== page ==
Faith Healing Kills Children
It’s time to eliminate religious exemptions from medical care.
By Jerry A. Coyne
As preventable diseases like measles and whooping cough are reappearing in the United States, many anti-vaxxers are re-evaluating their opposition to immunization, and others are questioning nonmedical exemptions from vaccine requirements. The California state Senate, for instance, just overruled a long-standing law that permitted parents with religious and philosophical reservations to send their children to public and private schools without their shots.
This is a sound decision: Vaccinations are safe and essential for the health of our society. We cannot allow philosophy or faith to trump public health. But denying children potentially life-saving vaccines is just one part of the problem; I’d like to eliminate even more exemptions: those now enshrined in many laws permitting religious parents to withhold scientific medical care from their children in favor of faith healing.
Forty-eight states—all except West Virginia and Mississippi—allow religious exemptions from vaccination. (California would be the third exception if its bill becomes law.) A similar deference to religion applies to all medical care for children. As the National District Attorneys Association reports, 43 states give some kind of criminal or civil immunity to parents who injure their children by withholding medical care on religious grounds.
Children who die from refusing blood transfusions are extolled as “Youths who put God first.”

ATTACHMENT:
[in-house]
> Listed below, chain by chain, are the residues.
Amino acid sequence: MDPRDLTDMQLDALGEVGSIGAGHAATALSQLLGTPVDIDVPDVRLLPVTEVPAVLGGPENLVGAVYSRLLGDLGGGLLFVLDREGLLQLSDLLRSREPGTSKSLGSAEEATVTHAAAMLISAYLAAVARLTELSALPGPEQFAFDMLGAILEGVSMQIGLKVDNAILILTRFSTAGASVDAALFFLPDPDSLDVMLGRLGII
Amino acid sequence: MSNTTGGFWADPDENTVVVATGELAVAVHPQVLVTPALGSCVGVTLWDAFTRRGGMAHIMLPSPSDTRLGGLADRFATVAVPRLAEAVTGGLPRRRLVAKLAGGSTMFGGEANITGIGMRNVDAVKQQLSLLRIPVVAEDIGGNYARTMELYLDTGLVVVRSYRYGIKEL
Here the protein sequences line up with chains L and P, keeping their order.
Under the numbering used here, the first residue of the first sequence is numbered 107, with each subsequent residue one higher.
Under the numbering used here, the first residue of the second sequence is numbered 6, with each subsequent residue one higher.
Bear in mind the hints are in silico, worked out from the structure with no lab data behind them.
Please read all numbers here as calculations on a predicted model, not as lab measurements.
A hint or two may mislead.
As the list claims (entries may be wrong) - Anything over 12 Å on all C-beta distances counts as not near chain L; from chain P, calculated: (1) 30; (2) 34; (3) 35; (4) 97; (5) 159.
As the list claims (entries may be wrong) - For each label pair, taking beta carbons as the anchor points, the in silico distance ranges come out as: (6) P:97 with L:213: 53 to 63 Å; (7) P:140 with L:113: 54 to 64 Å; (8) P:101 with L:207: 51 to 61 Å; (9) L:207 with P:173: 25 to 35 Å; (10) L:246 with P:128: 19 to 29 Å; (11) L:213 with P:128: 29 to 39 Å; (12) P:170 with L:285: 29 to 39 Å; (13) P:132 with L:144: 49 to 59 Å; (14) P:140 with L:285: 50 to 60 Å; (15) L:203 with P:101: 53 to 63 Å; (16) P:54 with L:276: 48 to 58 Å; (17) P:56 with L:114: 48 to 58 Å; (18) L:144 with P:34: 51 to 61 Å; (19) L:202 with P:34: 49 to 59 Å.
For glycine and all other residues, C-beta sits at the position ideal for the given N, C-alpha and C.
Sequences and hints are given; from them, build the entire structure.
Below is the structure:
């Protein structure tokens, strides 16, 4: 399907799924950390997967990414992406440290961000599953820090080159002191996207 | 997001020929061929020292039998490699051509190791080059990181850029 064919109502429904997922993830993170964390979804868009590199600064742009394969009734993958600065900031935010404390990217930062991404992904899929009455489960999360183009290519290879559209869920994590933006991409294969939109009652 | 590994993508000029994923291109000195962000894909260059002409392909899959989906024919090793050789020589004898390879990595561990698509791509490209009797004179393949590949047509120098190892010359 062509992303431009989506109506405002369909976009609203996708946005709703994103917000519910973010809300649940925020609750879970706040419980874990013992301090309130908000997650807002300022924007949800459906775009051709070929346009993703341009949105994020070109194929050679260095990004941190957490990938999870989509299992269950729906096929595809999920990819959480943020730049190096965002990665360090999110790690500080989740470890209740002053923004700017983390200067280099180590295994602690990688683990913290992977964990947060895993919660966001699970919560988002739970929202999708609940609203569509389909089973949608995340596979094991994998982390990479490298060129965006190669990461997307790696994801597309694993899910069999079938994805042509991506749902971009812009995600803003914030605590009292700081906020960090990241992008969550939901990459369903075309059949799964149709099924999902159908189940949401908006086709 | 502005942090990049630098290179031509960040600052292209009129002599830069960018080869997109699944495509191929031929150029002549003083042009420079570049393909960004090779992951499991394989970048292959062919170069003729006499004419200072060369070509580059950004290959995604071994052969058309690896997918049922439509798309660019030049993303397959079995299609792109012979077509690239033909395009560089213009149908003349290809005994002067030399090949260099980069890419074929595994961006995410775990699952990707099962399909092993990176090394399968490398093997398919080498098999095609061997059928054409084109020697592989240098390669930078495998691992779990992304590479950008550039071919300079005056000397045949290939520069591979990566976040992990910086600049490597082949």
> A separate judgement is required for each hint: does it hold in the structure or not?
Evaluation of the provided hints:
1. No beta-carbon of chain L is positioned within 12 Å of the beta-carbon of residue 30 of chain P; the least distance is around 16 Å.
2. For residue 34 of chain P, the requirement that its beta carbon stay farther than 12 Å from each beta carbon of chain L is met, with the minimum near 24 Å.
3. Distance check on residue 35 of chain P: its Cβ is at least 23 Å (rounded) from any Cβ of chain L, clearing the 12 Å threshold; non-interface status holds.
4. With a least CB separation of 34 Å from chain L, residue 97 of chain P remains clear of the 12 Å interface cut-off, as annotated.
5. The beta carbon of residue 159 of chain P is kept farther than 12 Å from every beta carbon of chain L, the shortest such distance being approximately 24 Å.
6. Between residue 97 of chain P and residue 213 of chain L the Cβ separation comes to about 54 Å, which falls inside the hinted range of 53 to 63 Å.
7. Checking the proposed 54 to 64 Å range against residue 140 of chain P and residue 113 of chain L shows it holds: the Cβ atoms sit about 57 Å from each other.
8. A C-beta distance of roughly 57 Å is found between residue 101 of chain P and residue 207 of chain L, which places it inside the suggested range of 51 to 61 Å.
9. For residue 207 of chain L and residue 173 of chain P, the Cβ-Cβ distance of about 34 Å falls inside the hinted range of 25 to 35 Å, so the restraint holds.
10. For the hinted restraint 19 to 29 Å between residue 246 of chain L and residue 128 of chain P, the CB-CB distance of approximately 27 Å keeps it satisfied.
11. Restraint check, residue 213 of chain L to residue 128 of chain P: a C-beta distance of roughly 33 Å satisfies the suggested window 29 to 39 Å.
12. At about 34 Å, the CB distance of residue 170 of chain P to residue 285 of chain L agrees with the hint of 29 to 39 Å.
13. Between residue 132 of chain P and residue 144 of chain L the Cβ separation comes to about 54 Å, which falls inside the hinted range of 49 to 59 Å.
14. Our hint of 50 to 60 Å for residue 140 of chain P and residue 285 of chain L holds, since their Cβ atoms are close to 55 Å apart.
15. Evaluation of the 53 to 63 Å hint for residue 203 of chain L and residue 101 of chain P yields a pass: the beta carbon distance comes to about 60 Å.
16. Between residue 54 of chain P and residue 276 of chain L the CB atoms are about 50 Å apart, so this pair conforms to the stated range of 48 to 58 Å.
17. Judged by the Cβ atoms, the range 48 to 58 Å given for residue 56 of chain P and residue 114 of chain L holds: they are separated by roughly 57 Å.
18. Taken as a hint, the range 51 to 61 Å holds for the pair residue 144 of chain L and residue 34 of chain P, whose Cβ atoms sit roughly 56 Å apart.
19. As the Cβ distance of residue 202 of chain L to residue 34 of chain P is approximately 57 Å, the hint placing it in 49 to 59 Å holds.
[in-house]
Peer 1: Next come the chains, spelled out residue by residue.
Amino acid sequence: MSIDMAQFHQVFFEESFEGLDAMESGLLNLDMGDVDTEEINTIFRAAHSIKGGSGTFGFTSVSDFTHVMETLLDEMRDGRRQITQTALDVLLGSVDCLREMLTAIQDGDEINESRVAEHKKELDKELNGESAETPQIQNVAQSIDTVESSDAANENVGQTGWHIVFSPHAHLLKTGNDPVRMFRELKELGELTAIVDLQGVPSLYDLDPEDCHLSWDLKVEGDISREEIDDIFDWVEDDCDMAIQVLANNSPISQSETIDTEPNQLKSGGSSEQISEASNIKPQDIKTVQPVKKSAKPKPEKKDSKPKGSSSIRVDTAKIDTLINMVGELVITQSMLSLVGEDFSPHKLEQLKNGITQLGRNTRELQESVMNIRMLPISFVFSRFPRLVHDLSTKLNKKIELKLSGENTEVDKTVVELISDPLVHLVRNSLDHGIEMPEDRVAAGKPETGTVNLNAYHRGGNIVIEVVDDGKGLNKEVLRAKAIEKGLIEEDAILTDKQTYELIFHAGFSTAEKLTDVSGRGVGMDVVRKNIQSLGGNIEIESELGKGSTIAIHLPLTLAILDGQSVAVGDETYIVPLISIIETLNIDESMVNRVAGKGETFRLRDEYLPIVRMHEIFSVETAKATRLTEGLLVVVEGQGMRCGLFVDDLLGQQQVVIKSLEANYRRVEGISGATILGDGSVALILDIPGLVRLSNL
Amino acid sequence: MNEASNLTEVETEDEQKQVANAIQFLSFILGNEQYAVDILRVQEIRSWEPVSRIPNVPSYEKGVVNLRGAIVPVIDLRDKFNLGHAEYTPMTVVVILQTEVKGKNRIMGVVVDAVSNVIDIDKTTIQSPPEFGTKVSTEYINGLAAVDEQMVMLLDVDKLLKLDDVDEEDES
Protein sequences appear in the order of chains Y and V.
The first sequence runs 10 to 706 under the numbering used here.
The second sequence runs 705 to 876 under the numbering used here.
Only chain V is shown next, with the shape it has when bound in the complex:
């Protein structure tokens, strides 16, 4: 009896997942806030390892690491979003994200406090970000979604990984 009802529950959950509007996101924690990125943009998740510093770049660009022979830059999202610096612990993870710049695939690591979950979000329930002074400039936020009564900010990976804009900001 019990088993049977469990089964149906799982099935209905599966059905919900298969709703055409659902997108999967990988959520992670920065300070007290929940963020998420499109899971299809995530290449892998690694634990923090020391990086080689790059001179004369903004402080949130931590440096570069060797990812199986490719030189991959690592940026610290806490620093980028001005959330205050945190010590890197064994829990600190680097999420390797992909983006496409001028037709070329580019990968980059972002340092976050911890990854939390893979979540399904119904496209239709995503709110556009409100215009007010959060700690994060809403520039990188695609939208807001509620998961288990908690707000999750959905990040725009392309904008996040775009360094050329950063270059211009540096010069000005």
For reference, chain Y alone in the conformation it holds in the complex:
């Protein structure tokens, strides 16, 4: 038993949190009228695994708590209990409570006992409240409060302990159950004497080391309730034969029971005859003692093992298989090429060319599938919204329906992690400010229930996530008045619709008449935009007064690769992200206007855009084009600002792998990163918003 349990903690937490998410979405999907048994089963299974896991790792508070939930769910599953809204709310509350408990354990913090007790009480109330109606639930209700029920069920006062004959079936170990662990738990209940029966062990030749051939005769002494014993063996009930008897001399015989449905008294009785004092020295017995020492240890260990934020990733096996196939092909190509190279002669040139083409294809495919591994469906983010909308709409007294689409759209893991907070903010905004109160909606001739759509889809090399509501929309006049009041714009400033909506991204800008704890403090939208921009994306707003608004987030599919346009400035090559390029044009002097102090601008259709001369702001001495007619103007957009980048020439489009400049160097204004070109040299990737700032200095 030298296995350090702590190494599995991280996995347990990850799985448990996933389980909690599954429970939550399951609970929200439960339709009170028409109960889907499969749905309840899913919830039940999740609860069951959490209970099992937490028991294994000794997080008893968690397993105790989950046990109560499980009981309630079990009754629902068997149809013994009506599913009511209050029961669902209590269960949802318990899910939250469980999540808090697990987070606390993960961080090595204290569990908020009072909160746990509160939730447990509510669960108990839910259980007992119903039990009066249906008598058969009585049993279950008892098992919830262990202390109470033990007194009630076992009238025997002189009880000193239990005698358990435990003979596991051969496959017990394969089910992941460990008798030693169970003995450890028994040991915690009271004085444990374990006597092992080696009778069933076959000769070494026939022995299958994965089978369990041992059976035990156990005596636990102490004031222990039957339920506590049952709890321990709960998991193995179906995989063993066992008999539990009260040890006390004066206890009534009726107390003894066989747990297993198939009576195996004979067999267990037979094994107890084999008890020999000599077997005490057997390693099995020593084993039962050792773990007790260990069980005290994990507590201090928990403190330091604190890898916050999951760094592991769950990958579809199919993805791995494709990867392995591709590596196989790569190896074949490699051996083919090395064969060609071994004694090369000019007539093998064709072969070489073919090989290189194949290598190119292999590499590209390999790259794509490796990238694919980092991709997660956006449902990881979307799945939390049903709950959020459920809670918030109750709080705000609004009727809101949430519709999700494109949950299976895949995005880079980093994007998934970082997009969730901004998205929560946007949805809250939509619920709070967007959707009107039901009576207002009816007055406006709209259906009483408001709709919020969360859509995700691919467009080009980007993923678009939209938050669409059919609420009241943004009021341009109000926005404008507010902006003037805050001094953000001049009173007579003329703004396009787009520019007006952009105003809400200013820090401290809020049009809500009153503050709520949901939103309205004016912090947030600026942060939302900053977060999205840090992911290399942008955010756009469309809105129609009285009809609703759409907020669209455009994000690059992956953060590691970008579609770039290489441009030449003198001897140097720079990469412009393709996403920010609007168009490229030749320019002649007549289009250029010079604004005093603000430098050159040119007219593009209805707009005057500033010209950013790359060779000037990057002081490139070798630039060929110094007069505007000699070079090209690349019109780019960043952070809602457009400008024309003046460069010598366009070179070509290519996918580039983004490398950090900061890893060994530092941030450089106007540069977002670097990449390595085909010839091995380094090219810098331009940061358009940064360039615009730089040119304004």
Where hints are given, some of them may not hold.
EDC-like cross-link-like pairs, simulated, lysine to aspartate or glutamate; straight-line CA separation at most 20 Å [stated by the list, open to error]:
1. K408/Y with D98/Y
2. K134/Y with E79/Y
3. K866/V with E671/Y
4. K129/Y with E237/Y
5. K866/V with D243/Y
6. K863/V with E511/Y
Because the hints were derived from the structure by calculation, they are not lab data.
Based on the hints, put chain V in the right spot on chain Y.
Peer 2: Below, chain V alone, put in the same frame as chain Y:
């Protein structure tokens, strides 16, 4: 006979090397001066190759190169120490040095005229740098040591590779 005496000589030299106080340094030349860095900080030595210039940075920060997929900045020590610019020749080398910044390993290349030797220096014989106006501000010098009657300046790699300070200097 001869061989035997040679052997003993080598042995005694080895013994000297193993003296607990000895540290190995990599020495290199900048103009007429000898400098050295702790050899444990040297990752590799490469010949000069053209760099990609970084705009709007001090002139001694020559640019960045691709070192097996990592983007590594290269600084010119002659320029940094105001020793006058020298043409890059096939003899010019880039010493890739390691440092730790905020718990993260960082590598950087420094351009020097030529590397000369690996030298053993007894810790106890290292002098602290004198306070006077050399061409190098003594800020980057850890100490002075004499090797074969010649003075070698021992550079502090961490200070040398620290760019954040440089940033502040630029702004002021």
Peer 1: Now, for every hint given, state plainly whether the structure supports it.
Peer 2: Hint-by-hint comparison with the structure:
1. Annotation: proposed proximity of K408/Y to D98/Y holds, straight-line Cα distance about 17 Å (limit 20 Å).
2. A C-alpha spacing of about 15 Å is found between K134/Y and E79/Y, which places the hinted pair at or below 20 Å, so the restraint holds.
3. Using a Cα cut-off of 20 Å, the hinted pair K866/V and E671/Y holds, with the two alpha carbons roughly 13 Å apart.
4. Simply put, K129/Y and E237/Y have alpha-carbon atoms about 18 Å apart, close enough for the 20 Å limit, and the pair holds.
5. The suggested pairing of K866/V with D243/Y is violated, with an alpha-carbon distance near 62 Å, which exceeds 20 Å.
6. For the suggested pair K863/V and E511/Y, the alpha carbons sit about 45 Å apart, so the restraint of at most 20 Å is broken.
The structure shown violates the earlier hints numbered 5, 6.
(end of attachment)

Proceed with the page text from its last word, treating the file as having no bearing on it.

If your faith mandates spiritual healing and your child dies because you offer prayer instead of insulin or antibiotics, your chances of being charged with a crime are slim. There are religious exemptions for child neglect and abuse, negligent homicide, involuntary manslaughter. Several states allow parents to use a religious defense against charges of murder of their child—and in some places they can’t be charged with murder at all. And even when parents are prosecuted, acquiescence to religious belief often leads to their being acquitted or given light sentences, including unsupervised parole. None of this, of course, applies to parents who refuse medical care on nonreligious grounds; those individuals get no immunity from prosecution.
Some states allow religious exemptions from required testing of newborns for metabolic disorders, such as the inability to break down fats or amino acids, that can kill an untreated child but are perfectly treatable if caught early. Some states allow exemptions from giving newborns hearing tests or prophylactic eyedrops that can prevent blindness in infants infected with herpes. Seven states allow religious exemptions from testing children for lead levels in their blood, and six even allow religious exemptions to students learning about disease in school. In perhaps the most bizarre and potentially dangerous law, public school teachers in California can legally refuse to be tested for tuberculosis on religious grounds.